I love this feature because a lot of people don’t recognize the importance of statistical significance in A/B testing. People see a difference early on and assume that they can call off the test, even though that difference might not be statistically significant. ConversionXL has a great post digging into this topic.
Thrive Optimize can help you combat your urge to call things early by letting you set up automatic winner settings that are actually statistically significant.
Then, once those results are met, Thrive Optimize will automatically stop the under-performers and only go with the winner:
Beyond forcing yourself to pay attention to statistical significance, Thrive Themes also suggests another really cool use for this feature:
Every time you create a new page, just quickly create one duplicate variant with a couple of minor tweaks. Maybe a different CTA, or a different headline. Something that won’t take a lot of time to make, but gives you a chance to see an increase.
Then, throw on the Automatic Winner feature and forget about it.
It’ll only take 5-10 minutes of your time and, while it’s not the most focused split testing implementation, you’ll at least get some of the benefits of split testing for your site without investing a lot of effort.
Step 6: Choose the goal of your test
Last step! Now, you need to actually choose the action that you want to test for.
If you remember from the beginning, I told you that there are three options:
For this review, I’m going to choose the Visit Goal Page option.
That means Thrive Optimize will track how many people from each variant visit the page(s) that I specify.
What I like is that you can (optionally) add multiple pages, which gives you a good bit more flexibility than if you were locked into a single goal page:
Once you’ve configured your goals, you just need to hit Start A/B Test to make your test live.
Viewing analytics for your A/B test
After giving my mouse finger a workout by repeatedly opening incognito tabs to generate some data, I’m ready to do two things:
- Confirm that Thrive Optimize does indeed accurately track data in real-time (always a good thing!). Seriously – Thrive Optimize updated the conversion data literally seconds after I visited the goal page in my incognito browser.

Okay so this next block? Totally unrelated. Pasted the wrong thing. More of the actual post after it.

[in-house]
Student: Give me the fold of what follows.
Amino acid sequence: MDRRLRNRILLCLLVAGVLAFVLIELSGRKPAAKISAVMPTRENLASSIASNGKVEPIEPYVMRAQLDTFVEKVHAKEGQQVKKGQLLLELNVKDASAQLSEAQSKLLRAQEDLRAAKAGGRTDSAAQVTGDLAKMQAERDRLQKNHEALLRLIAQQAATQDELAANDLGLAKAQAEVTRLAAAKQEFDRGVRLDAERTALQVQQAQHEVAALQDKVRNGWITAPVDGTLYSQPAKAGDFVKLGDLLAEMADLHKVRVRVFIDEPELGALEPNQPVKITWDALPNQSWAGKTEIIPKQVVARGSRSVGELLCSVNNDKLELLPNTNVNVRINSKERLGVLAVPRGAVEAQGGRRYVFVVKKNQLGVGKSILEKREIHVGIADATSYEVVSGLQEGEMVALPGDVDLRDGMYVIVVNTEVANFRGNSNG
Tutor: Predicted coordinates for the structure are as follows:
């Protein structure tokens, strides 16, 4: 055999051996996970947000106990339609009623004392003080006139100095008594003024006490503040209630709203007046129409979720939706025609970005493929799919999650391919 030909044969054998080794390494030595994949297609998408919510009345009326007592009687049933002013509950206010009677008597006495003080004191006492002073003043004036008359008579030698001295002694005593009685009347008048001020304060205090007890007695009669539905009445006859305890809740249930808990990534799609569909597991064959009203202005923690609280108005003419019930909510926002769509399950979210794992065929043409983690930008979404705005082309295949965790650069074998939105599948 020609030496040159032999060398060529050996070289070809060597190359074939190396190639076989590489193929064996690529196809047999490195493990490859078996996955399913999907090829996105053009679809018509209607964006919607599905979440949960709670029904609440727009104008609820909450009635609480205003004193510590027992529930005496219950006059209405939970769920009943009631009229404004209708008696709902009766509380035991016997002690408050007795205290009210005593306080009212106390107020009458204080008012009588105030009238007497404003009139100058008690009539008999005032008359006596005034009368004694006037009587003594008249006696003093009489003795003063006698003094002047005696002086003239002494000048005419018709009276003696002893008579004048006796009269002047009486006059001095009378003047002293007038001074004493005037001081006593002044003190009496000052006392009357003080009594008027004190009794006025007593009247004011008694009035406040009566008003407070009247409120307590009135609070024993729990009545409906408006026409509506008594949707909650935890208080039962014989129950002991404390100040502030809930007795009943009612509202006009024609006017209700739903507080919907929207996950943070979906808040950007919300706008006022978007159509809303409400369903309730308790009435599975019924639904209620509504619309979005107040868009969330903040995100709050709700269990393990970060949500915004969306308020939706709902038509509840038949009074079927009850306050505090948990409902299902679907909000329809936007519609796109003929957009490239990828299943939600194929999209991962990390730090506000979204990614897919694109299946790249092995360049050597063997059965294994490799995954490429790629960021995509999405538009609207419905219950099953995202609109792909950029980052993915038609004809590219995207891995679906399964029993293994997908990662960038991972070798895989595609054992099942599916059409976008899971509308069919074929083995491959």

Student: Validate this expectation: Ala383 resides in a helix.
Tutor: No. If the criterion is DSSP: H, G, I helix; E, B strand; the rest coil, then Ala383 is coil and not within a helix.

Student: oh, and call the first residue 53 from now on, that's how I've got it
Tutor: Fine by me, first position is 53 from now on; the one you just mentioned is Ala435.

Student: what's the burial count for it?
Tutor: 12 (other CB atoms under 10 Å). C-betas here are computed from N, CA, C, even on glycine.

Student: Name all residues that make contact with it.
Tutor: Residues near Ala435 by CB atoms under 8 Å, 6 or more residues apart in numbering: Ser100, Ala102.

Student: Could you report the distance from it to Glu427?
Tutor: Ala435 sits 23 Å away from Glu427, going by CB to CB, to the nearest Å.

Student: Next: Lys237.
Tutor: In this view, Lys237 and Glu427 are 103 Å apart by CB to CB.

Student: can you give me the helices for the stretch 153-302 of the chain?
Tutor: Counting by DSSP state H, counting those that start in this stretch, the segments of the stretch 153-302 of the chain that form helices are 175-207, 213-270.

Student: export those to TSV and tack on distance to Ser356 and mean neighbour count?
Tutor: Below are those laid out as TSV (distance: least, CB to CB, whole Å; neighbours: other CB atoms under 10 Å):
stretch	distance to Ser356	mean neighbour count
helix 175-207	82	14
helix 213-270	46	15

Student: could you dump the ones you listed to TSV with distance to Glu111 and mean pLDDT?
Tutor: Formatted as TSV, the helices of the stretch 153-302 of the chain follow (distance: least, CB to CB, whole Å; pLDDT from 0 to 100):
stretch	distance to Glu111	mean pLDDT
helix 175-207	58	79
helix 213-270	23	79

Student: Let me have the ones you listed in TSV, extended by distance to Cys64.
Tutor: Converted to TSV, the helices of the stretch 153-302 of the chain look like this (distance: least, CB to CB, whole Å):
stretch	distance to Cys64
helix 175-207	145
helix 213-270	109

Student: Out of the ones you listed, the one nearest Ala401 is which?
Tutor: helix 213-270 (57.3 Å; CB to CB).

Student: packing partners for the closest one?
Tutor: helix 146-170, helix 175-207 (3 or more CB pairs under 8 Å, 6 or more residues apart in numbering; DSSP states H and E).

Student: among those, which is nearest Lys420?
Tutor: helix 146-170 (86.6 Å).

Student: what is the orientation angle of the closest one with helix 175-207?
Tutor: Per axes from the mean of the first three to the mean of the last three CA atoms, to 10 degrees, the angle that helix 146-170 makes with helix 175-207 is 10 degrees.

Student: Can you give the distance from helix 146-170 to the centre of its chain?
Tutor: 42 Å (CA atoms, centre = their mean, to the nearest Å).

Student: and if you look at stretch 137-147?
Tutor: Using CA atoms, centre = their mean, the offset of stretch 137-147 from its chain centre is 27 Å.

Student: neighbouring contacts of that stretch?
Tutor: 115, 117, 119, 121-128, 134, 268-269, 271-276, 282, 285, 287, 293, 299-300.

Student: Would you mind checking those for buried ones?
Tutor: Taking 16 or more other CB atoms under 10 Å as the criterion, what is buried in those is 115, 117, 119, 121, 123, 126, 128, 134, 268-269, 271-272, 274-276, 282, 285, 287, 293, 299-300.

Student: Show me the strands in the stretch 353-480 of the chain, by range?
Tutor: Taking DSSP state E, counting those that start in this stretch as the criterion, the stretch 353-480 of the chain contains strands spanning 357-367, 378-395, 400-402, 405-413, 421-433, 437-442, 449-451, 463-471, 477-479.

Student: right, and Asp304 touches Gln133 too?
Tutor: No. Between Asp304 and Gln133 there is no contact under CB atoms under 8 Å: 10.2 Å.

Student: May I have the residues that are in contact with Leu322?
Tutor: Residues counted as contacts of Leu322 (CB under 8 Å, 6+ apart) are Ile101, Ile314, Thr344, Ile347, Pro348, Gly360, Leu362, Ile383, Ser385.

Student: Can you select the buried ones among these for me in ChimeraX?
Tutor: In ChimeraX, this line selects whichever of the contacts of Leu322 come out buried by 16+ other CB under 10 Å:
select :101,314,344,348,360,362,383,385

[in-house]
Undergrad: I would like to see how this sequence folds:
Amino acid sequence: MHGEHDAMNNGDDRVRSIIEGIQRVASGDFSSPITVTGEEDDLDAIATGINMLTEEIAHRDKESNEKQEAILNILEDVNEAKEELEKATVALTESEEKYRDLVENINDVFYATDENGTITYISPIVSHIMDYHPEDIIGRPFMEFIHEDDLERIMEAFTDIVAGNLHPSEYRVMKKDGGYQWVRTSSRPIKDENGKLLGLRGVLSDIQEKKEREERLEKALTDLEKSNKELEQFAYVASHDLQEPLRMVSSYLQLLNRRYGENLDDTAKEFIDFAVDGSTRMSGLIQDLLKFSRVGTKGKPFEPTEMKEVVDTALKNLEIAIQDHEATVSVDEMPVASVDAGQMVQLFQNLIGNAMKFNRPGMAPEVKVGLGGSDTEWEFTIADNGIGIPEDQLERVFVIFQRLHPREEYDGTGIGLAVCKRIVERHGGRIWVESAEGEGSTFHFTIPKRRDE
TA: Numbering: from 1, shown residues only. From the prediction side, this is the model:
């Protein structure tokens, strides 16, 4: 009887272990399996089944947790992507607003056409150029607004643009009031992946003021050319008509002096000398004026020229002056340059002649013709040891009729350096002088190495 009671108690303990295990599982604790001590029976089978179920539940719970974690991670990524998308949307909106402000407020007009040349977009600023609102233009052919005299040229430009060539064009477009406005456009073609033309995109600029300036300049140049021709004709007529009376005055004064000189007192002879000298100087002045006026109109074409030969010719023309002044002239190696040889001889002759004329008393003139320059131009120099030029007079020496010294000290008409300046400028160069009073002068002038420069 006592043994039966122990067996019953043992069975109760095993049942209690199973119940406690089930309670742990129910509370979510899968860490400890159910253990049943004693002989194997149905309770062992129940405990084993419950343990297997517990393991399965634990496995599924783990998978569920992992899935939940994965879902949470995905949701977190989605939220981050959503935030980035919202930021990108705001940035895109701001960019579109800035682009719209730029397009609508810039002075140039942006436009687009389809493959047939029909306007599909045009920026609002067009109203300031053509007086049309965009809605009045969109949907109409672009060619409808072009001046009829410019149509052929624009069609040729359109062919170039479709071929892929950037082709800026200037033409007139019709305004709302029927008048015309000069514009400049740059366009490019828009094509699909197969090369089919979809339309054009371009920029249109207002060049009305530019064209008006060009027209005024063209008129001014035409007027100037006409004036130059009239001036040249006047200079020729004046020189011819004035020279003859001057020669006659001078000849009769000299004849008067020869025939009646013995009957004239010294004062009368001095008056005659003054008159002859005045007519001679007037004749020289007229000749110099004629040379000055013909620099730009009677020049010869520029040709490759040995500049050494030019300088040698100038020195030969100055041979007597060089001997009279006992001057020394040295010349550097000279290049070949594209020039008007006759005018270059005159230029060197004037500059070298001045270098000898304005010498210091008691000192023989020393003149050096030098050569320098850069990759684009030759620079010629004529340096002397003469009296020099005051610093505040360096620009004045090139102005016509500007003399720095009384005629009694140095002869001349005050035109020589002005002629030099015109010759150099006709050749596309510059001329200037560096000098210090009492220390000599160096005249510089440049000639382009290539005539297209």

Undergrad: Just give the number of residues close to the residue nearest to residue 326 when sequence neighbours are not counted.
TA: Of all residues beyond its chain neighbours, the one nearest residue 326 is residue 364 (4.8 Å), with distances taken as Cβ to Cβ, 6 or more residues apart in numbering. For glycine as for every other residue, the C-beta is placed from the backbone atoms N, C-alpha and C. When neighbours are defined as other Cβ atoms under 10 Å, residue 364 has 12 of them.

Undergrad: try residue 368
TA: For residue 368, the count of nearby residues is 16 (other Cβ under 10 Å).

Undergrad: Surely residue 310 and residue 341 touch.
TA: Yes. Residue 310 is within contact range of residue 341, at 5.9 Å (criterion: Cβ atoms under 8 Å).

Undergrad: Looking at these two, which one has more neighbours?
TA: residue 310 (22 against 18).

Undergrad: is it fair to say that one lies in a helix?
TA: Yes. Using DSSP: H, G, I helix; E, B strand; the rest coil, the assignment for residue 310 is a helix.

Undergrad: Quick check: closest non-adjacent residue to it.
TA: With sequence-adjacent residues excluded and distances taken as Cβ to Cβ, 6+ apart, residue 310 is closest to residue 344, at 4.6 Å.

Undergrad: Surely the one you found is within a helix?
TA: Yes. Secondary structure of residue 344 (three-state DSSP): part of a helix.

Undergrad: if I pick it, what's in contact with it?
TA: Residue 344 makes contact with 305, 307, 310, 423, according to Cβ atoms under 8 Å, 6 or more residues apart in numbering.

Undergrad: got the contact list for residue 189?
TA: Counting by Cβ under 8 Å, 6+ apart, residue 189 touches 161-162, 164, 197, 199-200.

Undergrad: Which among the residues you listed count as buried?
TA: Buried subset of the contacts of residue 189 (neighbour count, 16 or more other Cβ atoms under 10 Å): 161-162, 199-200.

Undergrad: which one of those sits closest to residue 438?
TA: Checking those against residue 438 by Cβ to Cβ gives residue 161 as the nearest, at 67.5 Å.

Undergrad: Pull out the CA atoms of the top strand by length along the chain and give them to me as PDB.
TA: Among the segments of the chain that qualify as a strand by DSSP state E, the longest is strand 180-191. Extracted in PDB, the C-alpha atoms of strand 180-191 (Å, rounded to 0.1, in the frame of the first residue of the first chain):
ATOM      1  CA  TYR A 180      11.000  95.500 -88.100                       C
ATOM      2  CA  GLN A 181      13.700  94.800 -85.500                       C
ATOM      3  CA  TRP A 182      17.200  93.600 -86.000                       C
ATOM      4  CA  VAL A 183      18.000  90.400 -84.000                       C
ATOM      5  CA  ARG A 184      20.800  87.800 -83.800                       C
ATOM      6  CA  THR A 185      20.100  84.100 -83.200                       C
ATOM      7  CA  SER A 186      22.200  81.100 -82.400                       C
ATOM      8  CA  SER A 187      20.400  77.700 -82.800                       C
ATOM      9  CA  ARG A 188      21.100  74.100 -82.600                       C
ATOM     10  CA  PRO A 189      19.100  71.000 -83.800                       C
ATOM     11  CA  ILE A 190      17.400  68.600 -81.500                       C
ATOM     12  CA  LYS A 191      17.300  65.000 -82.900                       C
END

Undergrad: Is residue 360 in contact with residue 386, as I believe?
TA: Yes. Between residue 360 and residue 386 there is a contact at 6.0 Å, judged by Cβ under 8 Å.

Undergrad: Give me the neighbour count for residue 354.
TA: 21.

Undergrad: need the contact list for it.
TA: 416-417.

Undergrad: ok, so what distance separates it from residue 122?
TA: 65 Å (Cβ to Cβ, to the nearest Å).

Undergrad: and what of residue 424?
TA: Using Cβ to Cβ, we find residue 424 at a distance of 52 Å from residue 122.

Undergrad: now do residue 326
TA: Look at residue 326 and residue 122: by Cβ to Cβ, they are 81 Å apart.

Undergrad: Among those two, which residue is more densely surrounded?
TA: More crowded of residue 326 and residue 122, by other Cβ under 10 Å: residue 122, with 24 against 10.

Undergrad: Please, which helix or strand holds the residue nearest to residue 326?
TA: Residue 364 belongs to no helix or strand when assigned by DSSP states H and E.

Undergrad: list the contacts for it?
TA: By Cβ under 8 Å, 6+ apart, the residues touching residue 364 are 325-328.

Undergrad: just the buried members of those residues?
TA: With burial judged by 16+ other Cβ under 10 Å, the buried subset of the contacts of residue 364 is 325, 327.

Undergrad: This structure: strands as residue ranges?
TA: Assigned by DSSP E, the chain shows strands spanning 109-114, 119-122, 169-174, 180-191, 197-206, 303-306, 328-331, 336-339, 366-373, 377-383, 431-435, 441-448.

- Show you how to view that data. Thrive Optimize gives you a couple different ways to view reports for your A/B tests.
Analytics dashboard for individual tests
First, Thrive Optimize gives you basic analytics in the Edit Page interface:
What I like is that Thrive Optimize goes beyond just showing you the conversion rate.
It also shows you how each variant compares to the others in the Improvement and Chance to Beat Original columns, so that you can quickly see the current winners.
This data is helpful for a quick look. But if you want the really beautiful reports, you have to click the View Test Details link in the bottom-right of this interface.
That opens the full reporting…
In addition to the same report table from the previous screenshot, this area also gives you a chart of all your variants over different time periods.
I’m going to switch to a demo screenshot from Thrive Themes here because my test doesn’t have enough data to generate an impressive chart:
Sure – you don’t need pretty charts for successful A/B testing. But it definitely makes things more pleasant!
Thrive Optimize Dashboard reports
Beyond the data for individual charts, you also get the Optimize Dashboard where you can: